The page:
Kate Rose Reynolds is perfect as Chris.
Gay rights. The aftermath of hate-inspired violence. Reconciliation and forgiveness. That’s quite a dramatic load for one play to consider.
Playwright Hansol Jung sets “Cardboard Piano” in Uganda in 1999, where Chris (Kate Rose Reynolds), the 16-year-old daughter of Christian missionaries, has fallen in love with local girl Adiel (Andréa Agosto). “Cardboard Piano,” in its West Coast premiere, plays through Feb. 25 at Diversionary Theatre.
It’s New Year’s Eve and the irrepressible teenagers recite their wedding vows on tape, but in secret: homosexuality is illegal and punishable by life in prison in Uganda. It’s also a sin, according to Chris’ parents.
Chris’ idea is for them to run away to Tunisia, and she’s packed a suitcase for the occasion. But Adiel wasn’t planning to leave her family and country.
While they’re fantasizing about their future together, reality enters in the person of wounded child soldier Pika (John Wells III), who comes to the church seeking escape and solace. After they minister to him, another, older soldier (Wrekless Watson) comes in search of the boy. Violence ensues.
Fourteen years later, Chris returns to the church with her father’s ashes. He had asked that they be buried at the Uganda church. But it’s a new regime, with new people but old ways, old lies, and still regressive views about who does and does not deserve God’s attention.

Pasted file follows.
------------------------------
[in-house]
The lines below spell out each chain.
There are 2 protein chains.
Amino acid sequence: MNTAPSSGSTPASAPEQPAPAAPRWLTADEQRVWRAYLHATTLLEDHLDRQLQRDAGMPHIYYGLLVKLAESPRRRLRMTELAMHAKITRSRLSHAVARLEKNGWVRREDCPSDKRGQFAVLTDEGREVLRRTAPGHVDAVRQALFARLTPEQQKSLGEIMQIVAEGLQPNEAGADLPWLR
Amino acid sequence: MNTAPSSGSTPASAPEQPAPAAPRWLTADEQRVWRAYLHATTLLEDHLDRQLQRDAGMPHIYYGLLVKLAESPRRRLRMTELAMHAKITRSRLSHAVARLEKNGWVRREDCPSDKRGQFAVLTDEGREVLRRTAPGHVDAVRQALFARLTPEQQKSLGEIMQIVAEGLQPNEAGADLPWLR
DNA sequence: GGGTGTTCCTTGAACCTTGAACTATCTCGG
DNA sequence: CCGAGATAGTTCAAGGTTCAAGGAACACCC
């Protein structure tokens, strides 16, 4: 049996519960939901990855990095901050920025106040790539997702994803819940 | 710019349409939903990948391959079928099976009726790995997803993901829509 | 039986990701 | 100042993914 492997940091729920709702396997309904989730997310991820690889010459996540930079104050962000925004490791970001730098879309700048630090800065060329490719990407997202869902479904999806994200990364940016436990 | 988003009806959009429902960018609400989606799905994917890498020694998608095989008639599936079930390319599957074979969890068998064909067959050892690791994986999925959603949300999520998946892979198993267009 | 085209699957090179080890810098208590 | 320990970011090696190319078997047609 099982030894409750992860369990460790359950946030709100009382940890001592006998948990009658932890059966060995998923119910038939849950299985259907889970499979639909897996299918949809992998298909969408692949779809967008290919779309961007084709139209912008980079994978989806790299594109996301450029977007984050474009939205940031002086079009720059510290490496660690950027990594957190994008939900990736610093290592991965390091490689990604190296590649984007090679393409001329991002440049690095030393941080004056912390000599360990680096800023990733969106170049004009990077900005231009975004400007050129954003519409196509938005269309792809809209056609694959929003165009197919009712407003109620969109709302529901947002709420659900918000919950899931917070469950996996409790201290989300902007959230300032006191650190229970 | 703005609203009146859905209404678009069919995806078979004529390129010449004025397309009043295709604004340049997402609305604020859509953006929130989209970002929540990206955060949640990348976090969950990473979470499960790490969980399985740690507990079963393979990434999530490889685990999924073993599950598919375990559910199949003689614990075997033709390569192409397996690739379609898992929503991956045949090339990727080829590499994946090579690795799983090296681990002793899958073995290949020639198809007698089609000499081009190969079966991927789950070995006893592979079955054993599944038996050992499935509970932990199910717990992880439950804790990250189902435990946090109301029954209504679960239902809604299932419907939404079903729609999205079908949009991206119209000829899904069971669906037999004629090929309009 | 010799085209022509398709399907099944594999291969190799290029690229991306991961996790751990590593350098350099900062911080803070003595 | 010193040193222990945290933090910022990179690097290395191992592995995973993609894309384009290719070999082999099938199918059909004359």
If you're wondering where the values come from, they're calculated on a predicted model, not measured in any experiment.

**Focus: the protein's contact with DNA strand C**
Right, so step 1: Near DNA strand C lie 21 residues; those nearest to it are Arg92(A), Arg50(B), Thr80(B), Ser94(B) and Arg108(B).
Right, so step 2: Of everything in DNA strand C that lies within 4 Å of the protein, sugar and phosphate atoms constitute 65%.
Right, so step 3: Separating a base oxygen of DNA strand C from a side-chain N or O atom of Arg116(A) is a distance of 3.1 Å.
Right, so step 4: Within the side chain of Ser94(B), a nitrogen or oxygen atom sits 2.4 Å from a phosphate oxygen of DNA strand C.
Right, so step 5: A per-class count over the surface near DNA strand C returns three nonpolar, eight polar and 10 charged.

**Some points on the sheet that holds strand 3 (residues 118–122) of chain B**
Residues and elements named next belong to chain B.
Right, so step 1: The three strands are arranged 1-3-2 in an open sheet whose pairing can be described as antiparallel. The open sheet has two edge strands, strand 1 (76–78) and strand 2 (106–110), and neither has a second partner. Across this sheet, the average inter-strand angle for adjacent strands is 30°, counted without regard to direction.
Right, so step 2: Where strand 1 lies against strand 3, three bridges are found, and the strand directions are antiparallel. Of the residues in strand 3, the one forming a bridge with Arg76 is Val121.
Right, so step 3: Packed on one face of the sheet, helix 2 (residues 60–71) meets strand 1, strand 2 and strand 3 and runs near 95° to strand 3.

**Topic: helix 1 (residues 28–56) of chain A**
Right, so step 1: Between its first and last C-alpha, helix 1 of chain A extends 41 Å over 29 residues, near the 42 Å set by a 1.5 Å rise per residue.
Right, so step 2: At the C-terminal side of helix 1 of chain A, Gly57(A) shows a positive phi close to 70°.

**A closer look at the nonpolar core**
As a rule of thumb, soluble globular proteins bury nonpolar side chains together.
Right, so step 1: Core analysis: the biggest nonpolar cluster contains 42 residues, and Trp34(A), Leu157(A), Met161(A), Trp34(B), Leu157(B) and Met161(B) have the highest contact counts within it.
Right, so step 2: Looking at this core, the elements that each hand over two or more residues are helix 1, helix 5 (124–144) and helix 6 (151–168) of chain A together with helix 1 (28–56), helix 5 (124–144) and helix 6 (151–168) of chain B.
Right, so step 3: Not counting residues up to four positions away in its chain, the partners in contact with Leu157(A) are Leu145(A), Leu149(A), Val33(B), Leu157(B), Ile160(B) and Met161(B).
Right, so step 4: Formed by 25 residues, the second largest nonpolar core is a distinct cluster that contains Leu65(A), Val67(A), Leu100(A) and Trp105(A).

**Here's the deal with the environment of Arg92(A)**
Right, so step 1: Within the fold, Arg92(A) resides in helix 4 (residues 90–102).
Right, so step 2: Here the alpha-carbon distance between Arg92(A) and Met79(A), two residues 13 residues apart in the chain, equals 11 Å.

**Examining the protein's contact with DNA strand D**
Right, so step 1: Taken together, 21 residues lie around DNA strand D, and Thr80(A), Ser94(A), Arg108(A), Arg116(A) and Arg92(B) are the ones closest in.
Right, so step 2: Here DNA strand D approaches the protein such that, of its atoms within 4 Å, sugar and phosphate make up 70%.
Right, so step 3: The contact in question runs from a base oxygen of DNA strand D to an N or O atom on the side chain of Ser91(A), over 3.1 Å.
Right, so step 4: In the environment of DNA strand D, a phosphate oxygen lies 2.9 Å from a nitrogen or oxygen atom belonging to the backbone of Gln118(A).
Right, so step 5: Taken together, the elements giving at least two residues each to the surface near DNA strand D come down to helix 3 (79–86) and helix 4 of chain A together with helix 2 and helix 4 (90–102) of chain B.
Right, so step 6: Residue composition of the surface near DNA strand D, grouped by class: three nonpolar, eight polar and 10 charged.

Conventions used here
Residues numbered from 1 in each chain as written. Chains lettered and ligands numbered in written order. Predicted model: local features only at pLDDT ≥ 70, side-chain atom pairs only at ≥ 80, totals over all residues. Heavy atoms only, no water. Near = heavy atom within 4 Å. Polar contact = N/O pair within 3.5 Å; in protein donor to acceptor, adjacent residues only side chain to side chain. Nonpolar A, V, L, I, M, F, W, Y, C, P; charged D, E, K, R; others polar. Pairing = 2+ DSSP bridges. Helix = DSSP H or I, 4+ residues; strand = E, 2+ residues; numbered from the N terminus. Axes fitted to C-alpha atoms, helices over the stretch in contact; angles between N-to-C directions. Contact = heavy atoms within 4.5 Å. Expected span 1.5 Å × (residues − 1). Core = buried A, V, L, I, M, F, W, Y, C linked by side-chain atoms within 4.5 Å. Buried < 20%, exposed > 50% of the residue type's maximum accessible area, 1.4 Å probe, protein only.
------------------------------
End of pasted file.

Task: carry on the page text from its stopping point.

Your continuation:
Paul, the new pastor, is practicing his sermon about the Good Samaritan, an outcast who stops to help a bleeding stranger when the “upstanding” members of the community pass him by.
The pastor has his own transgressions (which he’s not willing to discuss), but he and Chris recognize each other and accusations fly.
The title refers to Chris’ story about asking her father for a piano when she was a little girl. The family could not afford it, so the father made her a piano out of cardboard. The disappointed child tore it apart, but regretted it when her father carefully picked up the pieces, went into his office and closed the door. When he returned, he gave her the piano and said, “This is all we have for now. It’s small and fragile, but look, I fixed it. Every time we break something, it’s okay, long as we fix it.”
Jung (whose “Wild Goose Dreams” was seen at La Jolla Playhouse last season) subverts expectations at almost every turn, which is why this play is fascinating. Director Jacole Kitchen keeps the tension high, and the committed cast does the rest.
Reynolds is perfect as Chris: bright, confident, even willing to go up against her family for Adiel.
Agosto’s Adiel is just as giddy as Chris about their relationship but much more hesitant to abandon tradition and family. In the second act, she effectively shifts gears to play the more diffident pastor’s wife Ruth.
Wrekless Watson is convincing (not to mention easy to dislike) as two less than sterling characters: the Soldier in the first act and the pastor Paul in the second.
John Wells III is affecting as both the child soldier and (in the second act) a visitor to the pastor.
Playgoers will likely leave this play pondering the major theme: what can (and cannot) be fixed?
“The Cardboard Piano” plays through February 25, 2018 at Diversionary Theatre, 4545 Park Boulevard in University Heights.
Thursday at 7 pm; Friday and Saturday at 8 pm; Sunday at 2 pm.
Tickets: (619) 220-0097 or www.diversionary.org